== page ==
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M.H. Mendelson, Compensation for Expropriation: the Case-Law, in: 79 (1985) Am. J. Int‘l L. at 415 et seq.

M.H. Mendelson, Compensation for Expropriation: the Case-Law, in: 79 (1985) Am. J. Int‘l L. at 415 et seq.

Prewar Cases

Professor Schachter tells us that "probably the most frequently cited opinion in this field", the Chorzow Factory case in the Permanent Court of International Justice, 7 "refers only to a duty to sic 'payment of fair compensation.'"8This is an inaccurate account of the Court's celebrated obiter dicta. The actual decision in the case turned upon a finding by the Court that Poland was in breach of its obligations to Germany under the Geneva Convention concerning Upper Silesia of May 15, 1922. In the case of an unlawful expropriation, the Court found, the primary duty was one of restitution kind, "or, if this is not possible, payment of a sum corresponding to the value which a restitution in kind would bear together with the award, if need be, of damages for loss sustained which would not be covered by restitution in kind or payment in place of it." 9The Court contrasted this with the obligation that Poland would have been under had this been normal expropriation "to render which lawful only the payment of fair compensation would have been wanting." 10But this is not the only dictum on the point, for on the very next page the Court spoke of the obligation, in cases of lawful expropriation, to pay "the just price of what was expropriated" and "the value of the undertaking at the moment of disposession, plus interest to the day of payment." "The just price of what was expropriated" and "the value of the undertaking" are phrases rather more consistent with full compensation than with a more flexible standard, especially bearing in the mind the legal, political and economic assumptions of members of the Court, and of the legal systems they represented, in 1928. Moreover, it seems quite clear from theJudgmentas a whole,11the seperate opinions and the pleadings, that the416Court considered that the minimum pecuniary obligation in all cases was the payment of the full value of the property taken; what distinguished unlawful from lawful takings was the additional obligation in the former case, if restitutio in integrum was impossible, to compensate for consequential loss. What the Court said and assumed about the standard of compensation for lawful takings may, strictly speaking, be obiter, but it has traditionally been regarded as the locus classicus on the subject and, for better or for worse, it supports a "full compensation" standard.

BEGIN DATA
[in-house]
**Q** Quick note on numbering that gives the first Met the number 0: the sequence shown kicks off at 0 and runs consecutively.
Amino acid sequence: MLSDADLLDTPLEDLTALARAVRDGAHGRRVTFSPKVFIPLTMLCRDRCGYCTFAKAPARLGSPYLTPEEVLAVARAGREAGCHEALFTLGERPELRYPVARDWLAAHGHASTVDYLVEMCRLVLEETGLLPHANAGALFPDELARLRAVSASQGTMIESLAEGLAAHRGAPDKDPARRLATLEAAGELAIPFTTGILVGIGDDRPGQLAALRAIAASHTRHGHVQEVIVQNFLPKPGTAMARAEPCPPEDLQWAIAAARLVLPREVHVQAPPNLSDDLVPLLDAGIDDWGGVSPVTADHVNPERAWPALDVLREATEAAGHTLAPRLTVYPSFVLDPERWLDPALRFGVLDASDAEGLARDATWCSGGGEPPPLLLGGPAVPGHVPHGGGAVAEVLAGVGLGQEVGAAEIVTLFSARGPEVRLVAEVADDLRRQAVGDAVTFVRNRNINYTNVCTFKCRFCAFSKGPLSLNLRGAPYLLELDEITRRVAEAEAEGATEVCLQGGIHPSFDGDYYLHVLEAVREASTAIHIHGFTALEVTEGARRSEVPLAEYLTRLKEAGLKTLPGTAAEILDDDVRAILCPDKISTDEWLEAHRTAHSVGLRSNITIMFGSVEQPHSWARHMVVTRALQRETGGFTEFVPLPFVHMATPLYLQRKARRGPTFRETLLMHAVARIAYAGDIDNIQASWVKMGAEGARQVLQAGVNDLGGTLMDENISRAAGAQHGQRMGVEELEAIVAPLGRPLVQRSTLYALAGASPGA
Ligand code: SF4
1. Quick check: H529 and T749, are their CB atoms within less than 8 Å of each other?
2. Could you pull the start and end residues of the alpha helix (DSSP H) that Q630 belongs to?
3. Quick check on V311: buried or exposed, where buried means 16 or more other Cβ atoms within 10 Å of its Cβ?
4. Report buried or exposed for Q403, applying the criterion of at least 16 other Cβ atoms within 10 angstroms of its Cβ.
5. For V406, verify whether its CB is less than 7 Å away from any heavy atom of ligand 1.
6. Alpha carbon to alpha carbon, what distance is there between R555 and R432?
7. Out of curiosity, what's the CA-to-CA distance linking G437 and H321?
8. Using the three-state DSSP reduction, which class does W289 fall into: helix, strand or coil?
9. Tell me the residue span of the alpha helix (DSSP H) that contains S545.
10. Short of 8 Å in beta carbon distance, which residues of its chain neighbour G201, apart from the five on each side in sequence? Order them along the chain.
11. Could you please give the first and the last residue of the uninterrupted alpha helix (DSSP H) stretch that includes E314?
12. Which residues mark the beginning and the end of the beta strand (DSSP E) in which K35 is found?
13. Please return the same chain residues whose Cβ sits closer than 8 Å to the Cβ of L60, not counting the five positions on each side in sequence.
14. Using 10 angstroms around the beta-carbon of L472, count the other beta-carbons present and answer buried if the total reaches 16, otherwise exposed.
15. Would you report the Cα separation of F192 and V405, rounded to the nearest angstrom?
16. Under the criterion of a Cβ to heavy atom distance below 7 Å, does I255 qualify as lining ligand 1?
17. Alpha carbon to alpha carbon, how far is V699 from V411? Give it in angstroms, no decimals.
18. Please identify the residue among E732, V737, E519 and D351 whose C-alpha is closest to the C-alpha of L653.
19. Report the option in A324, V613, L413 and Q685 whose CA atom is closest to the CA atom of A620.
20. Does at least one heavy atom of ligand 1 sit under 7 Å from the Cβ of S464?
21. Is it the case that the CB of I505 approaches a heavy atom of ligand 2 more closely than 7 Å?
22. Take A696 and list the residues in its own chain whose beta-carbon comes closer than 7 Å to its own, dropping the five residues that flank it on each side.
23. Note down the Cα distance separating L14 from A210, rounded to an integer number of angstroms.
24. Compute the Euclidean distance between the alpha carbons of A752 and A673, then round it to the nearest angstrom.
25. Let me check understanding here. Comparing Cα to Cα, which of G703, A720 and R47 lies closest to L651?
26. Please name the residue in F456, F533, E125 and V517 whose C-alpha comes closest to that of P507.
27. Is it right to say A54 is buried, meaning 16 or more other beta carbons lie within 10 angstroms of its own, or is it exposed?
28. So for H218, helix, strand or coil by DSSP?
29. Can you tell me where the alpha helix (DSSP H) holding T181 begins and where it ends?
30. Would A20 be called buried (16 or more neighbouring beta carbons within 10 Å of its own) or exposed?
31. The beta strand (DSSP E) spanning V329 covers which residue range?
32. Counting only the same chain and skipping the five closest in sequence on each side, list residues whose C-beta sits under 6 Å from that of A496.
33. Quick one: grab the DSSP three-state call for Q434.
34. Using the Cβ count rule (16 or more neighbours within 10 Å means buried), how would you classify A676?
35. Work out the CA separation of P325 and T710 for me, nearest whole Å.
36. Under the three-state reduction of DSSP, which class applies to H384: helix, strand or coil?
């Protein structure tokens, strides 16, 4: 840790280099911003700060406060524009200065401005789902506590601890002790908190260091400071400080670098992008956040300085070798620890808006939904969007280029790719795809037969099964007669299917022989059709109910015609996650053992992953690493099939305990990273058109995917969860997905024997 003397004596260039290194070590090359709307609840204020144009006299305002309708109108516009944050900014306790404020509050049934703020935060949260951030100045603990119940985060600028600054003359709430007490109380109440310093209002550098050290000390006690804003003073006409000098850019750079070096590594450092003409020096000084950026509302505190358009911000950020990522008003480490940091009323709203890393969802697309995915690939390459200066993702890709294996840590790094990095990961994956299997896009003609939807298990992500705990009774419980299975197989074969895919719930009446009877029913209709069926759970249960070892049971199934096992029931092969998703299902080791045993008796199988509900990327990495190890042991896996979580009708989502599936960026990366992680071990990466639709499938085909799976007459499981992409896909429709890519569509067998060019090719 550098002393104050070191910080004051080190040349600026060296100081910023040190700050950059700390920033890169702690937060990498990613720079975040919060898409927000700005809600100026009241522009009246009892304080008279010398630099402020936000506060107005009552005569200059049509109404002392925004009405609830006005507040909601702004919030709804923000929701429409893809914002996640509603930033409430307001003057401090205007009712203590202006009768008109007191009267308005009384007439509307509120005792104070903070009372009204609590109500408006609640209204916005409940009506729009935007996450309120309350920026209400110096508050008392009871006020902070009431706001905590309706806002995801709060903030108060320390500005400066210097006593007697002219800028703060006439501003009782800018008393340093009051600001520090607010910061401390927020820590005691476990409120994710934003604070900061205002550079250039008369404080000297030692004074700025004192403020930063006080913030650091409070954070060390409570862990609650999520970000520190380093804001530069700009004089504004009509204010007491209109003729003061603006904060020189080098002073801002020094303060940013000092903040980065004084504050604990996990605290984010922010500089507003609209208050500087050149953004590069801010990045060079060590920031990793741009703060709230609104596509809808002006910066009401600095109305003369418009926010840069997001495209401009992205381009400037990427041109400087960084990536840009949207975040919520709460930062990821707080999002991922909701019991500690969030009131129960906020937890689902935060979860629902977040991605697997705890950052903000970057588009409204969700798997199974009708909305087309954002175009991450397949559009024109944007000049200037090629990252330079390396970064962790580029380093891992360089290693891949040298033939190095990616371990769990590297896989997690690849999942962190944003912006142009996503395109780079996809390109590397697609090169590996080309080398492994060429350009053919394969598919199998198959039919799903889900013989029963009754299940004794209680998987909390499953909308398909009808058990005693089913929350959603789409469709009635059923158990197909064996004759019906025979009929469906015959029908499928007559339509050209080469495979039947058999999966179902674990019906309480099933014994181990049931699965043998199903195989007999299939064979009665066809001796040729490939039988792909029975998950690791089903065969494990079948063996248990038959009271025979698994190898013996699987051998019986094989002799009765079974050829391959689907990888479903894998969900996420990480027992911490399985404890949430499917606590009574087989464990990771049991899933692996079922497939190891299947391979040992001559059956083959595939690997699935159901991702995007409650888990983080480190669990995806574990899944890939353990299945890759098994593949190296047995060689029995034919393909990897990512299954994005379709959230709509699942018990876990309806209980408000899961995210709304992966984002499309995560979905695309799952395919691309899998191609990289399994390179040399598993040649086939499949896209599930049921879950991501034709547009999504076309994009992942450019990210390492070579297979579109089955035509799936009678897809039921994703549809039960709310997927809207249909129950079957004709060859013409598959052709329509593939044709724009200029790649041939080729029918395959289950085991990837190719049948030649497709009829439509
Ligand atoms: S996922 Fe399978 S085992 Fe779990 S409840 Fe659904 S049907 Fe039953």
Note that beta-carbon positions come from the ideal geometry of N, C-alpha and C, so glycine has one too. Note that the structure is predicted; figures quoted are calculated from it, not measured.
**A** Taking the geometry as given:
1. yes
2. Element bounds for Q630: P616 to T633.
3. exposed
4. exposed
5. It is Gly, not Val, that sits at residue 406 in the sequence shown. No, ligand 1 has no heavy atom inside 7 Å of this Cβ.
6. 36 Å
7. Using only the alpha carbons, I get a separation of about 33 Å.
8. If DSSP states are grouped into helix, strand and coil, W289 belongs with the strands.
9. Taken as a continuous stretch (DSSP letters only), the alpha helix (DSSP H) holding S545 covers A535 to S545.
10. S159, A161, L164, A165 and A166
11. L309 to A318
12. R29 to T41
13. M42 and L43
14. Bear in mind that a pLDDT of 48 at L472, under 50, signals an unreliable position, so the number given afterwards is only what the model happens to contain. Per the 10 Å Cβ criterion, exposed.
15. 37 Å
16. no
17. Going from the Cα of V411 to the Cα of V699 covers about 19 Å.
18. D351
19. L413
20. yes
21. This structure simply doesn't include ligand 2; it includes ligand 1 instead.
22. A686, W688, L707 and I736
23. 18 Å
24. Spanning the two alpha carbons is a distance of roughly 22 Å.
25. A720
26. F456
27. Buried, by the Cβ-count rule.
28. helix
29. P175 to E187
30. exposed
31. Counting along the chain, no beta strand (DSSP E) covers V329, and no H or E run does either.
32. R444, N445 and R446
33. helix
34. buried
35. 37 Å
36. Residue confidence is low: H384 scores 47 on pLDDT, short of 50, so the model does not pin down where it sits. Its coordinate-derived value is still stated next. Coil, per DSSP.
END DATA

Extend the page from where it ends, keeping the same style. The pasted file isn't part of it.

7Case Concerning the Factory at Chorzow (Mertis), 1928 PCIJ, ser. A, No. 18.
8Chachter, supra note 3, at 123.
91928 PCIJ, ser. A, No. 17, at 47.
10Id. at 46.
11Including the instructions given for an expert inquiry by the Order issued simultaneously with the Judgment (id. at 99) -- an Order whose significance in matters of valuation appears to have been largely overlooked by commentators.

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